How Rio de Janeiro is Building the City of the Future Sponsored This content is created collaboratively with one of our sponsors.
Most passengers complain about comfort when the discussion of crowded aircraft comes up, but unsanitary practices and lax cleaning policies pose an even bigger threat.
If you’ll be among the 24 million people expected to be in an airport and on a plane this Thanksgiving holiday period, Charles Gerba, the University of Arizona microbiology professor known as “Dr. Germ,” has some important travel advice for you: Pack light and carry hand sanitizer.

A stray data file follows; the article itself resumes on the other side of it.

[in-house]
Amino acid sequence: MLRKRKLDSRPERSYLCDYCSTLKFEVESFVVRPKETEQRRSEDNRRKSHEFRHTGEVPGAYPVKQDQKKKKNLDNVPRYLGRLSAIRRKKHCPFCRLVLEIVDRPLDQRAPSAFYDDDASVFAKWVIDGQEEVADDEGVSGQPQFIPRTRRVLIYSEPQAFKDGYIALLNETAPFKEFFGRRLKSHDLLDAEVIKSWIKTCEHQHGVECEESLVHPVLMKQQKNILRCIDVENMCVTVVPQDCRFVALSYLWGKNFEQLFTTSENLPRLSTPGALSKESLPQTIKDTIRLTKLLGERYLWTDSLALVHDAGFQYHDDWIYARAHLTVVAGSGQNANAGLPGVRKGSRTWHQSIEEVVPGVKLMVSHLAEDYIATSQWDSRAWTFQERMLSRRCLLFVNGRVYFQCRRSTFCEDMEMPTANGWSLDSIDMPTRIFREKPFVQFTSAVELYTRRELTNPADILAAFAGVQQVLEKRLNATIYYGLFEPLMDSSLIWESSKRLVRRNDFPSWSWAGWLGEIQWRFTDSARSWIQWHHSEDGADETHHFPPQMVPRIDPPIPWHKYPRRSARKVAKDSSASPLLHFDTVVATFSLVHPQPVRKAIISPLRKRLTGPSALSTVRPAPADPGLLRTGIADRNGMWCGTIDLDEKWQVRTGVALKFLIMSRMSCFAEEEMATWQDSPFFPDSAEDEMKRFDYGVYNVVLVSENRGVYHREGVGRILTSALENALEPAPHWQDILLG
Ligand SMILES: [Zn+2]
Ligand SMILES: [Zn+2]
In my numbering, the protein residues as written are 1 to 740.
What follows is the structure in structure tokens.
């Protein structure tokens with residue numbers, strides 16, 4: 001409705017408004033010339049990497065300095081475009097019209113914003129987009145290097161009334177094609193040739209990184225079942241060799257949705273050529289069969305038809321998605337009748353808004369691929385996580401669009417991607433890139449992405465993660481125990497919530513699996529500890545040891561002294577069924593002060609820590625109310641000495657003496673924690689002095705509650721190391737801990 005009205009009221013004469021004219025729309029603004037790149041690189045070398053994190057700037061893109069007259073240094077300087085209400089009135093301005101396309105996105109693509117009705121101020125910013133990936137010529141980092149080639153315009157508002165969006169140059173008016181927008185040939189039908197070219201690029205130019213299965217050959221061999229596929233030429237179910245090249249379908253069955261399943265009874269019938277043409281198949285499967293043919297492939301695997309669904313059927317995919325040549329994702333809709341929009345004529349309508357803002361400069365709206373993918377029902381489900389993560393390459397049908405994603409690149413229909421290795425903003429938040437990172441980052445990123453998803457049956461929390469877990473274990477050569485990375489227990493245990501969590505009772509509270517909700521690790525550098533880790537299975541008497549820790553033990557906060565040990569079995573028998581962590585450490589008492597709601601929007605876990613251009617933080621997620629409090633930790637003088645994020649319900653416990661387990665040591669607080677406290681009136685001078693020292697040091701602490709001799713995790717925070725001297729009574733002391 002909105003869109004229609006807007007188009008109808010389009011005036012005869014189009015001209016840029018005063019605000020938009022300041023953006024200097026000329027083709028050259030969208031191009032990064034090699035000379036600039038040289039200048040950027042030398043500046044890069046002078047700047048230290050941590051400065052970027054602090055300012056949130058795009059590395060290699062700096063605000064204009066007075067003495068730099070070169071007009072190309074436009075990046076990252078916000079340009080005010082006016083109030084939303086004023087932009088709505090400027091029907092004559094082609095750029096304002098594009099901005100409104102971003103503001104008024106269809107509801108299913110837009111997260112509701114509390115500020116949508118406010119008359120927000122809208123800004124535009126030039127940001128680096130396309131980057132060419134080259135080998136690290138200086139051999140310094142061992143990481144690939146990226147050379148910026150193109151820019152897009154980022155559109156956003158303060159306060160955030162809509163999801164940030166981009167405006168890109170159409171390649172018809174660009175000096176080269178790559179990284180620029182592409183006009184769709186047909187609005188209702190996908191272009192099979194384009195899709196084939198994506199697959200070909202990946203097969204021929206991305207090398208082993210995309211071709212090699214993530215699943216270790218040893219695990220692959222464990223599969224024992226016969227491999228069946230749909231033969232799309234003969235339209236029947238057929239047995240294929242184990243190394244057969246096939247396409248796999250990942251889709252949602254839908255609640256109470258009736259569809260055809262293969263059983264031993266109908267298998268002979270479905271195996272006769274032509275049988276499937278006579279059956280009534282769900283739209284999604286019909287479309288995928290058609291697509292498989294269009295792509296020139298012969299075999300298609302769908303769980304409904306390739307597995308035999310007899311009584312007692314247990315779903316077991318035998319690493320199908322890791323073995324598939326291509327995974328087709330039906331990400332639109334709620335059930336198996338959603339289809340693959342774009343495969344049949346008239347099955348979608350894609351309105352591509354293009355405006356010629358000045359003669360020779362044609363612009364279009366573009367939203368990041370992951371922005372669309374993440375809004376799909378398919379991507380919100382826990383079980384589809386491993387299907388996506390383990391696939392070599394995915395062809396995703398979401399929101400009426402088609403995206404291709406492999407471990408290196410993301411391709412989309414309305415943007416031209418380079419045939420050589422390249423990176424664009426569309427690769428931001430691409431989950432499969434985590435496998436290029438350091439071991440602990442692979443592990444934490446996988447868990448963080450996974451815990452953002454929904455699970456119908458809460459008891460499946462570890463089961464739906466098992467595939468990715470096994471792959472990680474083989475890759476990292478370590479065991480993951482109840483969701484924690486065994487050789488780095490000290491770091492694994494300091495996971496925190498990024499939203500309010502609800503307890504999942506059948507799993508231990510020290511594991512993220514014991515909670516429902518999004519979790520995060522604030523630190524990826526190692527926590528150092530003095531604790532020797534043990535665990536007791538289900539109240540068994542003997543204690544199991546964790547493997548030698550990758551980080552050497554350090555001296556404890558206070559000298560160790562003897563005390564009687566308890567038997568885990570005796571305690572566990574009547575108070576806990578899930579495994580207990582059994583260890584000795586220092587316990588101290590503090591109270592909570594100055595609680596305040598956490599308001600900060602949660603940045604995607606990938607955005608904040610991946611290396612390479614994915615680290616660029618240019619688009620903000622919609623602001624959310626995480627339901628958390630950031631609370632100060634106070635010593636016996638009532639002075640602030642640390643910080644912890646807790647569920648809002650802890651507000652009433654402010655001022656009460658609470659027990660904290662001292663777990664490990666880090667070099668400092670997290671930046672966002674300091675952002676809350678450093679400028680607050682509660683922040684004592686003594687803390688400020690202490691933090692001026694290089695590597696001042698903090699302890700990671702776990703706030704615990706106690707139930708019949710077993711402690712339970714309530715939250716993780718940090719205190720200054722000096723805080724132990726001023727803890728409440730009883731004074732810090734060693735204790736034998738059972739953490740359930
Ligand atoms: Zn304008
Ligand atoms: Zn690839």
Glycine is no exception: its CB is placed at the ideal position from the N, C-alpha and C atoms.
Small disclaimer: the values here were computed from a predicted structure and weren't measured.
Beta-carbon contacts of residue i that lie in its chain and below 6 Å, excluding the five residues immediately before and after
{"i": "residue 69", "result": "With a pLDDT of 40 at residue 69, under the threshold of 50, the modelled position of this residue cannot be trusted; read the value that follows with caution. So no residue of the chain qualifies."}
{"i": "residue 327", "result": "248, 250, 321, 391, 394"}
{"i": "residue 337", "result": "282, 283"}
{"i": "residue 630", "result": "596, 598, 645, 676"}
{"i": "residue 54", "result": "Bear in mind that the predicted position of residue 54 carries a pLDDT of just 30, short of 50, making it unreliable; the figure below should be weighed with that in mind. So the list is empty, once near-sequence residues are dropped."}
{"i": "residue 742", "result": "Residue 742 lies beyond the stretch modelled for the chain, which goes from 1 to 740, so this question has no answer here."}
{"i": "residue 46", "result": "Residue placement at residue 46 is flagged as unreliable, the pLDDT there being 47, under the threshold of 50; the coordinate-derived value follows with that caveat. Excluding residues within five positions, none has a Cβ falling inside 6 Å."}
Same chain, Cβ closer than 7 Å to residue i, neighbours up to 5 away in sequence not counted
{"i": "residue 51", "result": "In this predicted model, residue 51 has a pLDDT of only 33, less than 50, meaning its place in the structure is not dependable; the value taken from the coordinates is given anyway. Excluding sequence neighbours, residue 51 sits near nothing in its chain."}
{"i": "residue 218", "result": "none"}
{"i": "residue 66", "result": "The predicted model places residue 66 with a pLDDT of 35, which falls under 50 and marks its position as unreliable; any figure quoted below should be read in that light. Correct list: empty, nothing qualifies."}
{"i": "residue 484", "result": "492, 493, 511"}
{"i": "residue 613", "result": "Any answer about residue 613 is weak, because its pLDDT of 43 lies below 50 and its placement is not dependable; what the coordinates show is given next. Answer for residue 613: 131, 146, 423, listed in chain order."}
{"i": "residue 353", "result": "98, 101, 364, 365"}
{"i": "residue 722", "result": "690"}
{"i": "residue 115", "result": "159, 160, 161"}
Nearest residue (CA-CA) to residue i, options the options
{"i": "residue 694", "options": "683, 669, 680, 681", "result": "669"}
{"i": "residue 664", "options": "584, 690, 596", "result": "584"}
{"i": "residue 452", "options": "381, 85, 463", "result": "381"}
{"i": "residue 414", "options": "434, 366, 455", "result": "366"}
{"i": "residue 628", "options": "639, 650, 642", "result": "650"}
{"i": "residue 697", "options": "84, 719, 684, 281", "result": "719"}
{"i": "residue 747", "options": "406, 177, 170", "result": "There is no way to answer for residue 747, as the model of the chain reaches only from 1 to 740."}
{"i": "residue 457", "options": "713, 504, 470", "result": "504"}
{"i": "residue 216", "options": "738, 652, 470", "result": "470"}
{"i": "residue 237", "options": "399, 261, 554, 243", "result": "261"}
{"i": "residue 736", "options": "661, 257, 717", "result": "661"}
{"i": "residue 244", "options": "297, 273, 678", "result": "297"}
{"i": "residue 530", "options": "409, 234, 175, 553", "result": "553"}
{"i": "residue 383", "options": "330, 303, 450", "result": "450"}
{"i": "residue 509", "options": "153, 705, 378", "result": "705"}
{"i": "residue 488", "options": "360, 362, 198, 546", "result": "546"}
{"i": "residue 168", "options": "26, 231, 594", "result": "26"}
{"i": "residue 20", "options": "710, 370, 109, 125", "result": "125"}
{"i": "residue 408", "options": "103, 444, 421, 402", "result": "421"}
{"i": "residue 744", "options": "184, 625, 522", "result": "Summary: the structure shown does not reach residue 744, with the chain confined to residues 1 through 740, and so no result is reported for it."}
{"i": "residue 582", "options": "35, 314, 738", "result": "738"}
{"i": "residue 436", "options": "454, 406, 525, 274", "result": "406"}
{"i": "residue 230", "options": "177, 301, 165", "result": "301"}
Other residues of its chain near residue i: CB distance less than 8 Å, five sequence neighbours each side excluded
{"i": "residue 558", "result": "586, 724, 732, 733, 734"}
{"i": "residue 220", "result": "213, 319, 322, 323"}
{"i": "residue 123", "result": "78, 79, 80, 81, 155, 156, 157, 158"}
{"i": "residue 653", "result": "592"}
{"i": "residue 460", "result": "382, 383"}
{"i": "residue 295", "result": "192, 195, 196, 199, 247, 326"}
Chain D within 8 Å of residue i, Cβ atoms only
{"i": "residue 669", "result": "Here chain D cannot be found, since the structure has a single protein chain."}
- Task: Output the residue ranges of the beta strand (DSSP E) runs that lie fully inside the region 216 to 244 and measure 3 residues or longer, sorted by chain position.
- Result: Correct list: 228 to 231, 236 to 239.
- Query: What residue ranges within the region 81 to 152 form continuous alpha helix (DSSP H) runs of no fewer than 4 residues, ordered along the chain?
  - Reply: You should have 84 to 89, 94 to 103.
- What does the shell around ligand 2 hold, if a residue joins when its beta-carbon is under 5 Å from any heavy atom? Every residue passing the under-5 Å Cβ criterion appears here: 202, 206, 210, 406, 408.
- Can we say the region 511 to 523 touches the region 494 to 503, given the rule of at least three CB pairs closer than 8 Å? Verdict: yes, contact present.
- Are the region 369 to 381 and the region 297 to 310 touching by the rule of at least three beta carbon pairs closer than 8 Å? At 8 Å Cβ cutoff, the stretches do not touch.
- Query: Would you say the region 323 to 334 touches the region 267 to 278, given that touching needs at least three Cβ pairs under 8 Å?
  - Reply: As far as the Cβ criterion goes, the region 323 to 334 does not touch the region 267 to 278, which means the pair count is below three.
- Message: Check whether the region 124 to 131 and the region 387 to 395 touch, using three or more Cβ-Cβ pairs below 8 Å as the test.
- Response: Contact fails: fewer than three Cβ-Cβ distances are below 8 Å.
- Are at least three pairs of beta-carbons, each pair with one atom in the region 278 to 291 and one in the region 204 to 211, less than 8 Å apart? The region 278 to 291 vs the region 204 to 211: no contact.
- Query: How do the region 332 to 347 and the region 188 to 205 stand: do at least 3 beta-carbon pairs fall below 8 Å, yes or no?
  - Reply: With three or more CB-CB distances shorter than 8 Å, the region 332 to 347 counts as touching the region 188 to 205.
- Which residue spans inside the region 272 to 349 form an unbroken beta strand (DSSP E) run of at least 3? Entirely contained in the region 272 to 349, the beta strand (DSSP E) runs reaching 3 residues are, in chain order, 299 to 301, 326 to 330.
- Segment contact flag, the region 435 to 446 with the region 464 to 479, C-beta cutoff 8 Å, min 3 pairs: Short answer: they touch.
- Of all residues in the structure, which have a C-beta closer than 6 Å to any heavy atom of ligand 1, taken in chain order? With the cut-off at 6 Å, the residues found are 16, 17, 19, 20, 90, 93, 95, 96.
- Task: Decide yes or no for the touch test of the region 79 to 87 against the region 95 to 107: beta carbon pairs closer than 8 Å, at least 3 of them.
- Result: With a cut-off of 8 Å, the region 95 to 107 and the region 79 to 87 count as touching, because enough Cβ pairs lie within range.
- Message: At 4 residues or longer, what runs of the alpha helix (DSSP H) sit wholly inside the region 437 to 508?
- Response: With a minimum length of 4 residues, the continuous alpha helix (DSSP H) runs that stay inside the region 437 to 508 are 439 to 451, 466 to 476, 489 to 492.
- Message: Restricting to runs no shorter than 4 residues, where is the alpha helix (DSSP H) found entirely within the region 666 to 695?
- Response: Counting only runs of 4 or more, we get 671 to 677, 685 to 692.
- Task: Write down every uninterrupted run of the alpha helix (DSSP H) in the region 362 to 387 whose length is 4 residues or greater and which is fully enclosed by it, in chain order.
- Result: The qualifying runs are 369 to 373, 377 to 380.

Gerba, whose travel souvenirs often include test swabs from airplane lavatories, has identified the three germiest spots on airplanes — toilets, tray tables and the latches on overhead bins.
He’s found the norovirus, the influenza virus, diarrhea and MRSA on airplane tray tables, which he says are rarely disinfected. The latches on overhead bins also get “lots of touching, but no cleaning.”